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Marsha and Matt go to Sweden

aurora#6blog

The aurora over Mt. Nuolja and the Aurora Sky Station

In January, as a blizzard was bearing down on Washington D.C., Matt and I flew away from the two feet of snow that was on the way and headed to Sweden to see the Northern lights.  Seeing the Northern Lights is not an easy thing.  Seeing any natural phenomenon is very hard and planning a vacation around an attempt to see a phenomenon can be risky.

So I did what every modern dreamer does.  I searched the internet  for the best places to see the aurora.  A place in Sweden, Abisko National Park, kept coming up.  Sweden?  Not Norway or Iceland?  No.  Abisko.  Why?  The theory is that Abisko is located in an area with a microclimate that creates a very good chance of clear skies. Abisko is also in Swedish Lapland, far north of the Arctic Circle and very near Sweden’s northern border with Norway.  So we were pretty sure it was going to be dark and cold.

I bought it.  So I started obsessing about taking a trip to Sweden.  I called my sister Michele and said, let’s go.  She said, sure, why not?  So off we went.

We started in Stockholm of course, where the weather went from freezing cold, a bit of snow and then rain from day-to-day.

Stockholm#1blog

We took in the sites including the ABBA Museum and I am here to say that it is utterly ridiculous that there is a museum dedicated to ABBA but people sure were paying to get in, including us because my husband is a devotee.  But they had some stuff that was completely campy too, so you just had to go with it.

Abba museum#2

The clothes were really ridiculous then, weren’t they?

 

Abba museum#1

Matt singing along with the group in the sound booth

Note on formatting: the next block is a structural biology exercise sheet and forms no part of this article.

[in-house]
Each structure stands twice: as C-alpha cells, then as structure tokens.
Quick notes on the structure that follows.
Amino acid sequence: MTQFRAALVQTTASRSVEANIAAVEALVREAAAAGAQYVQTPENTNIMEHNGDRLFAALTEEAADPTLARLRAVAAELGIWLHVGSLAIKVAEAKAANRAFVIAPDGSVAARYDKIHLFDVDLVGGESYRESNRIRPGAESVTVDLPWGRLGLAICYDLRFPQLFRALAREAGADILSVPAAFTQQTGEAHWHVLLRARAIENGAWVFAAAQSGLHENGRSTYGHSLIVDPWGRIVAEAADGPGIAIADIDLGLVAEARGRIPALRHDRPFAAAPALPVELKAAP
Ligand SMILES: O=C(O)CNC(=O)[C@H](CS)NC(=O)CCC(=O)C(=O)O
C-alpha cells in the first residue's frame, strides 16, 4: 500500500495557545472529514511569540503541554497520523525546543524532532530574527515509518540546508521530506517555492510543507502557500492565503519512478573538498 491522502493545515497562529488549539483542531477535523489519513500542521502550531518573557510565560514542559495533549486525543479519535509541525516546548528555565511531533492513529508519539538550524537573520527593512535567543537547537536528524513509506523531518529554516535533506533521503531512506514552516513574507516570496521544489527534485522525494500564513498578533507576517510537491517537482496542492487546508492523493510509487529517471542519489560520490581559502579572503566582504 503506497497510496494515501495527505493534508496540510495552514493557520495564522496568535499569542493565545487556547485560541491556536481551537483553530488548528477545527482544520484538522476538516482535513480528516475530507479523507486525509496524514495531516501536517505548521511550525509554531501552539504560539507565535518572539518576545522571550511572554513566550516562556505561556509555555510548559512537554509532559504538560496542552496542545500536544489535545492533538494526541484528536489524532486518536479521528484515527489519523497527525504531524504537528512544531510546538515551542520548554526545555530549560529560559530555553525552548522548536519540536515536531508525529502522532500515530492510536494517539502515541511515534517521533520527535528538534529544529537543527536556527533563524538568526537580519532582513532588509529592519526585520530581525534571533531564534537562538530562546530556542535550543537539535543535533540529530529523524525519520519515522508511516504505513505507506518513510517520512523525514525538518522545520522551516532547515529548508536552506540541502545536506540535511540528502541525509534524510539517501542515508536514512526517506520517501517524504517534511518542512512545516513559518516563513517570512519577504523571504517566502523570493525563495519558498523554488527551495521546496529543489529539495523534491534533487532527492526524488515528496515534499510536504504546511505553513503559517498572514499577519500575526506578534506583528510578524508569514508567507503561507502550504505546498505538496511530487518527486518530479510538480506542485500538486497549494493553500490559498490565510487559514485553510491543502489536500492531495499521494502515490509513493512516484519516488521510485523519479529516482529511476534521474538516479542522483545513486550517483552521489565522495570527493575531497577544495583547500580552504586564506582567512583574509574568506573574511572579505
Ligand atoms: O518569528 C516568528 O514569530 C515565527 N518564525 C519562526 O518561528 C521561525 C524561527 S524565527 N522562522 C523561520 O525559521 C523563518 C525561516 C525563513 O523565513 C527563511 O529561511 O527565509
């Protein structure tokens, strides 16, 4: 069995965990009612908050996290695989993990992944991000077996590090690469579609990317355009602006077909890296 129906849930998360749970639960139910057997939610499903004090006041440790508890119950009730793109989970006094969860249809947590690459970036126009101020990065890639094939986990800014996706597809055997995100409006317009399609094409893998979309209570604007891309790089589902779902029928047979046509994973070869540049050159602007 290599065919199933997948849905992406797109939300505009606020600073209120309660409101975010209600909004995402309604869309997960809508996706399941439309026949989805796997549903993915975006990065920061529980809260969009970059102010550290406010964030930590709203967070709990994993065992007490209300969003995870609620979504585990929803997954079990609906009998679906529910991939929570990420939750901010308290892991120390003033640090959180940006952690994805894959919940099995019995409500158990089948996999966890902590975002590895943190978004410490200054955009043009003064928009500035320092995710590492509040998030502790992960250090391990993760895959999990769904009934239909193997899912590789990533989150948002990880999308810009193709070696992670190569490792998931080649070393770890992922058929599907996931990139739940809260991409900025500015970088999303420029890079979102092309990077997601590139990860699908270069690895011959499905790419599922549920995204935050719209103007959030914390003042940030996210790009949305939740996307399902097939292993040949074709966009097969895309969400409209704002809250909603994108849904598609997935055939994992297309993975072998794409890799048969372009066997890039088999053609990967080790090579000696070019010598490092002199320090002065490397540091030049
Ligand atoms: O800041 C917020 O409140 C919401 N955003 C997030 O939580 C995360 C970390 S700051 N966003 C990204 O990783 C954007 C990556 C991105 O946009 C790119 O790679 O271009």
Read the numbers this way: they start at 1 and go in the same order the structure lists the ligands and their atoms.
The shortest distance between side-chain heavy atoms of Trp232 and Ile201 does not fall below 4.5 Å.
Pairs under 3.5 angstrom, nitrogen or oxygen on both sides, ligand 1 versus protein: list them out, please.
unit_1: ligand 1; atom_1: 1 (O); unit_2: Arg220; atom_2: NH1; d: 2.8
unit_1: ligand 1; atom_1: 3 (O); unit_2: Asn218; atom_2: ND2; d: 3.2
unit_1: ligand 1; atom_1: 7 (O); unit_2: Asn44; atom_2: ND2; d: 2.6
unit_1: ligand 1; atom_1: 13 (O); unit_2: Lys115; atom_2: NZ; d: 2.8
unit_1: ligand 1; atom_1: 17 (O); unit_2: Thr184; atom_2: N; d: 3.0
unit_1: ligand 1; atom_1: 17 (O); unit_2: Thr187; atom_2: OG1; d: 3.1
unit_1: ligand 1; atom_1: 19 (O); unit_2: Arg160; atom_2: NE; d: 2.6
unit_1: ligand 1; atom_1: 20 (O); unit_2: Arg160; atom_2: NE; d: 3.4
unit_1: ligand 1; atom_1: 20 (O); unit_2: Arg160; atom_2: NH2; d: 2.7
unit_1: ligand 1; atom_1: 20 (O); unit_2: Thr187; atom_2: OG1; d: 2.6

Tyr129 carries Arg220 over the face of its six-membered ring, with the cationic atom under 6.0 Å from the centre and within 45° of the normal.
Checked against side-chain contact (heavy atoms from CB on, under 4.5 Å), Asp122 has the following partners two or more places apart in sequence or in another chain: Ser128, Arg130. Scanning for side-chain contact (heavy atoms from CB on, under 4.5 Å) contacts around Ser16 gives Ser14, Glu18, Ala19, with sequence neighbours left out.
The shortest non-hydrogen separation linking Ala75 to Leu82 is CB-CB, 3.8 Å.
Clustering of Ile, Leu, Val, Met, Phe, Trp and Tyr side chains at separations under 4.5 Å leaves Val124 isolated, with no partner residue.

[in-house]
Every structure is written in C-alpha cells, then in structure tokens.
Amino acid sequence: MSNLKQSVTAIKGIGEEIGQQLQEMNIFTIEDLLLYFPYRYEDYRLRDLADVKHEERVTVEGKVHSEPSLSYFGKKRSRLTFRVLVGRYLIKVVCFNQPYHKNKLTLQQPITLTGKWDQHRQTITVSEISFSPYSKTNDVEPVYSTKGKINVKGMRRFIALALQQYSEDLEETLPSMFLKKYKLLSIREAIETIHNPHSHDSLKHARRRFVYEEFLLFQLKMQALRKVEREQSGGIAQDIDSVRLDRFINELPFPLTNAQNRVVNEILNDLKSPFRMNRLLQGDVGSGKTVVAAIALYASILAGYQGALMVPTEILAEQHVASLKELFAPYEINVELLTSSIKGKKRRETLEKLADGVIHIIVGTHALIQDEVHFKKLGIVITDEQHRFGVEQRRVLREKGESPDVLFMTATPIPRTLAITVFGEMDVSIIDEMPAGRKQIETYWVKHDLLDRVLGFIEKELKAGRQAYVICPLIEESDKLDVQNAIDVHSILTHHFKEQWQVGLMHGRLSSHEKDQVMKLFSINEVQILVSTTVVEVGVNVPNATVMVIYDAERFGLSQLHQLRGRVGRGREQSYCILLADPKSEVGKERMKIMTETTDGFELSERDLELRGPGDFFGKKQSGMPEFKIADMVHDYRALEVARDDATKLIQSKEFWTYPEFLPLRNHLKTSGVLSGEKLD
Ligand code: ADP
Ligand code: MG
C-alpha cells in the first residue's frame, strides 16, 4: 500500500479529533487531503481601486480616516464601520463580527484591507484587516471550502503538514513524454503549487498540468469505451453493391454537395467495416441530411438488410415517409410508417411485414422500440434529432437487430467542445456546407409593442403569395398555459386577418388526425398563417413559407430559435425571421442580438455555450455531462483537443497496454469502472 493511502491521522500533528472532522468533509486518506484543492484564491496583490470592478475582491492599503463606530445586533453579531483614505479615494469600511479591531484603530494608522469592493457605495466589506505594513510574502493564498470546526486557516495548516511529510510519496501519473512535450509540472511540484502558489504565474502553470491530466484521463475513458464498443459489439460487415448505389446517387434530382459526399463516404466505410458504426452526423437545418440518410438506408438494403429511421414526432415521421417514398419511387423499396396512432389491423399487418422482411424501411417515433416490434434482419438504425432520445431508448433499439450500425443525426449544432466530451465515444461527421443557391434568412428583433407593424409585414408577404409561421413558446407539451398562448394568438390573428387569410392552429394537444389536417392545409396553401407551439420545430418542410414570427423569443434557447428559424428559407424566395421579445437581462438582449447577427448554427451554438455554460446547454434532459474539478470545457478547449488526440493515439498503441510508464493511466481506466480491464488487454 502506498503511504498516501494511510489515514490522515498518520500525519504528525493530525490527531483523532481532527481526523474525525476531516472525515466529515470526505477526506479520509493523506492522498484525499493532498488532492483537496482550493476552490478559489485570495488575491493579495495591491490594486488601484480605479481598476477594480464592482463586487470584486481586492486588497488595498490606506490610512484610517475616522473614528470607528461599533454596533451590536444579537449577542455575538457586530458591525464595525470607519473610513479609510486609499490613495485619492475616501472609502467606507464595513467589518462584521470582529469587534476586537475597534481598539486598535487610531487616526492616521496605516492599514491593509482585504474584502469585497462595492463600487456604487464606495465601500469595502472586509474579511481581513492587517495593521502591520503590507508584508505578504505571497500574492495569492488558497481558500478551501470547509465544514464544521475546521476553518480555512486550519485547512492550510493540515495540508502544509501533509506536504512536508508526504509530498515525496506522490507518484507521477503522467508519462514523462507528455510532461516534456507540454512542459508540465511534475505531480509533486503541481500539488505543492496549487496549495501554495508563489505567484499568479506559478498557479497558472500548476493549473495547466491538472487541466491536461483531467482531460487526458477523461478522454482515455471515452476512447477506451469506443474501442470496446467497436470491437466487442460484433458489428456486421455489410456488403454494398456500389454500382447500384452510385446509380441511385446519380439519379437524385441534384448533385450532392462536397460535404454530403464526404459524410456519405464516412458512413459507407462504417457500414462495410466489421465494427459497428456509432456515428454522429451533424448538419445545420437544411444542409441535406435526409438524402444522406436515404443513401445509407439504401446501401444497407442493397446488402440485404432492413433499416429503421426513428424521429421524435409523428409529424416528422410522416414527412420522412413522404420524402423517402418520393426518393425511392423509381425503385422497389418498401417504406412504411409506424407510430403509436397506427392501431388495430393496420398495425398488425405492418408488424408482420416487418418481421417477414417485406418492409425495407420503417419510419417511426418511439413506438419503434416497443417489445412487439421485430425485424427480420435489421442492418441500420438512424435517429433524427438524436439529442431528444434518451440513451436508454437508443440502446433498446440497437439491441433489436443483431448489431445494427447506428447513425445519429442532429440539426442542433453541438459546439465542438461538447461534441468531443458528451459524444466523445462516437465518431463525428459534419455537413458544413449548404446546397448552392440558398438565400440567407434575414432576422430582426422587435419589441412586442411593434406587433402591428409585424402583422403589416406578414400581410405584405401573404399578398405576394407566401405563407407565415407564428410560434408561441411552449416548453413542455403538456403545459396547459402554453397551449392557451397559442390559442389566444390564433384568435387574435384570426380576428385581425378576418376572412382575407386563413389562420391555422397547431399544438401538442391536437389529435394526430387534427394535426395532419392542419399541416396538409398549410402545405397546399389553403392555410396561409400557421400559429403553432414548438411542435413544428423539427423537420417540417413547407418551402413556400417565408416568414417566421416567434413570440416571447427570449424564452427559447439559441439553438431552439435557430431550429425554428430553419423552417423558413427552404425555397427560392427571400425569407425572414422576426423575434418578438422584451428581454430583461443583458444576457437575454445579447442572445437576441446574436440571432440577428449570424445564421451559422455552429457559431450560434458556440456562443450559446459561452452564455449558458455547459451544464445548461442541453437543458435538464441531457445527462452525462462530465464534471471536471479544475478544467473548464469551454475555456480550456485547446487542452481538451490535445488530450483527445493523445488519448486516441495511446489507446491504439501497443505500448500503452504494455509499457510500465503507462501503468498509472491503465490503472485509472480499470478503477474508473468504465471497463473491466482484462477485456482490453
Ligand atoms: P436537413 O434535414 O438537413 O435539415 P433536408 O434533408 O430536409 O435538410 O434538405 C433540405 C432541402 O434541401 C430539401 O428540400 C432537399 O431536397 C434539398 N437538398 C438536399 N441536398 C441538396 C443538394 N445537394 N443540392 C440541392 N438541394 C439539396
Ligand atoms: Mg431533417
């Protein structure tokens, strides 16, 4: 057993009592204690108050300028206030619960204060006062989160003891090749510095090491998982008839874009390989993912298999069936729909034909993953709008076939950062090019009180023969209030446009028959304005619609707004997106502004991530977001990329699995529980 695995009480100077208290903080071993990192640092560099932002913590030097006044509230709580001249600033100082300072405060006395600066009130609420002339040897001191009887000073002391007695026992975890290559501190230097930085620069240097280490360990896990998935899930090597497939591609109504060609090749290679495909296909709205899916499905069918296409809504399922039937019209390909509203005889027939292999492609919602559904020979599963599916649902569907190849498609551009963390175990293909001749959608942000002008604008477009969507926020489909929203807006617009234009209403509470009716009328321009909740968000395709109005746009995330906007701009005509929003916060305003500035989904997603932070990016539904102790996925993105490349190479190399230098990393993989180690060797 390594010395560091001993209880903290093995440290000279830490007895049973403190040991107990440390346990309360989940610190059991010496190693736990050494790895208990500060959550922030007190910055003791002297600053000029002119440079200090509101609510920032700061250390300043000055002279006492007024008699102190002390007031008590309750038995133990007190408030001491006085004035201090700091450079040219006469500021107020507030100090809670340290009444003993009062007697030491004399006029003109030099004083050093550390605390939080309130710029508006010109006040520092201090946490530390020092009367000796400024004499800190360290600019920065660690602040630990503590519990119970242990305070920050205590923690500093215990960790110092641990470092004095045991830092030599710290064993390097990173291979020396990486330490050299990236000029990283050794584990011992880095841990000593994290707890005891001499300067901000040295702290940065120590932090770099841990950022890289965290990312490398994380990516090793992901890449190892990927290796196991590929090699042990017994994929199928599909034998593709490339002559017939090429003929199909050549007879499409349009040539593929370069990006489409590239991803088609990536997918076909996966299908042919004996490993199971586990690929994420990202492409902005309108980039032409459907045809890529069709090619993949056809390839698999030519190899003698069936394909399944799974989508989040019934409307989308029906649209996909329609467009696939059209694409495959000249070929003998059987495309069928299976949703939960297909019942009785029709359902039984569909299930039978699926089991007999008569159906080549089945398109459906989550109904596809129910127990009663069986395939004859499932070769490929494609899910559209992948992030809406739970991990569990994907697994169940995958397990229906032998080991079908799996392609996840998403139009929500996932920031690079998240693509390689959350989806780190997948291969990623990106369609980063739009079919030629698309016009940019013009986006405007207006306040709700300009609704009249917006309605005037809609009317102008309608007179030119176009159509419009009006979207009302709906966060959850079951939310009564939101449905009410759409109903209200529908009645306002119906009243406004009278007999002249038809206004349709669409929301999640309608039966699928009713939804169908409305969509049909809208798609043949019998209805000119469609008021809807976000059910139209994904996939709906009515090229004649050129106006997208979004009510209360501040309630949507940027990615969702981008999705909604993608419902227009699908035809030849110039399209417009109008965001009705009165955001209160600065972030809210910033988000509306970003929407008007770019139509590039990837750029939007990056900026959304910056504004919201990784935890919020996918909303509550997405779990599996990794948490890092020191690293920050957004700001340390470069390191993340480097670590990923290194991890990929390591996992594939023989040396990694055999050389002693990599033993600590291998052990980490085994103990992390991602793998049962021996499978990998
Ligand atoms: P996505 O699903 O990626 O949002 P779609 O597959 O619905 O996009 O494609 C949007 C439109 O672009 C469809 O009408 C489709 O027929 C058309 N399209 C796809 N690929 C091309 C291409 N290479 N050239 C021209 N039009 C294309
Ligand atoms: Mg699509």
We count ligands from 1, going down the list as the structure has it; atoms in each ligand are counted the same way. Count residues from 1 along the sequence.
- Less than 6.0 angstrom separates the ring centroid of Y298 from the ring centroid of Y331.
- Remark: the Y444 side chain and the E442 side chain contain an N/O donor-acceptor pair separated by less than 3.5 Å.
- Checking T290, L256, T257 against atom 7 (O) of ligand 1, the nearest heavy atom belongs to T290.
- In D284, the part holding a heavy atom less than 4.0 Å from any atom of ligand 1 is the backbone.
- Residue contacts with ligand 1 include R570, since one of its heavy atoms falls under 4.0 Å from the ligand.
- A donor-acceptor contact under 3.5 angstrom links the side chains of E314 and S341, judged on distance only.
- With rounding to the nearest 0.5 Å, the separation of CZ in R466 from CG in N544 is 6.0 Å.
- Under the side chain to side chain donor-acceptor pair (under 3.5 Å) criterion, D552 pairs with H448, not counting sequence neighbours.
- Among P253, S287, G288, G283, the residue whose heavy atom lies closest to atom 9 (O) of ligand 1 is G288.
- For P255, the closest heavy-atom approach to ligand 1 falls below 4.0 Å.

Matt will never forgive me if I do not mention that we made a pilgrimage to the brewery opened in conjunction with Brooklyn Brewery, Nya Carnegiebryggeriet (Carnegie Brewery I think).  They had some good beer, good atmosphere and good food.

But Stockholm did not detain us long because we had to go north to the Lapland frontier.

We stayed in Bjorkliden, a resort in the middle of nowhere.  There was nothing there but the hotel we were staying in, but it was a beautiful spot.

bjork#7blog

The view from our hotel room at around noon.

The sun was coming up for about five hours.  All of that night time atmosphere just made us want to sleep all the time  We were fighting off the need to hibernate and not really doing a very good job.  Our goal was to be awake at night to see the auroras so it was actually okay for us to sleep.

Our first attempt to see the aurora was a visit to the Abisko Sky Station.  That is the tiny dot of light at the top of the mountain in the opening picture to this blog.  We opted for the dinner and stars package.  They have a small restaurant at the top and it serves a very fine gourmet meal to help with the energy needed to sit and wait for an aurora.  The trip to the sky station was by ski lift, a mile long ride up the mountain in the fresh air  Remember, it is night time above the Arctic Circle in January.   They gave us survival suits to wear and none of us said no.  I am glad because it was COLD on that ski lift.  Holy smokes.  It was so cold and we were moving so fast, neither of us got out the cameras.  I was afraid I was going to drop it because of frozen fingers.

At the top we found–clouds.  Yep.  Clouds on the one place that the internet guaranteed their would be good weather.  Stupid internet. The weather changes on a dime, we are told, and maybe, just maybe, the sky would clear. So we went inside for a lovely dinner with about 50 strangers.  All of the meal preparations are brought up on the lift as well.  And given that it was all prepared and brought up in lift chairs a little at a time, it was an amazing dinner.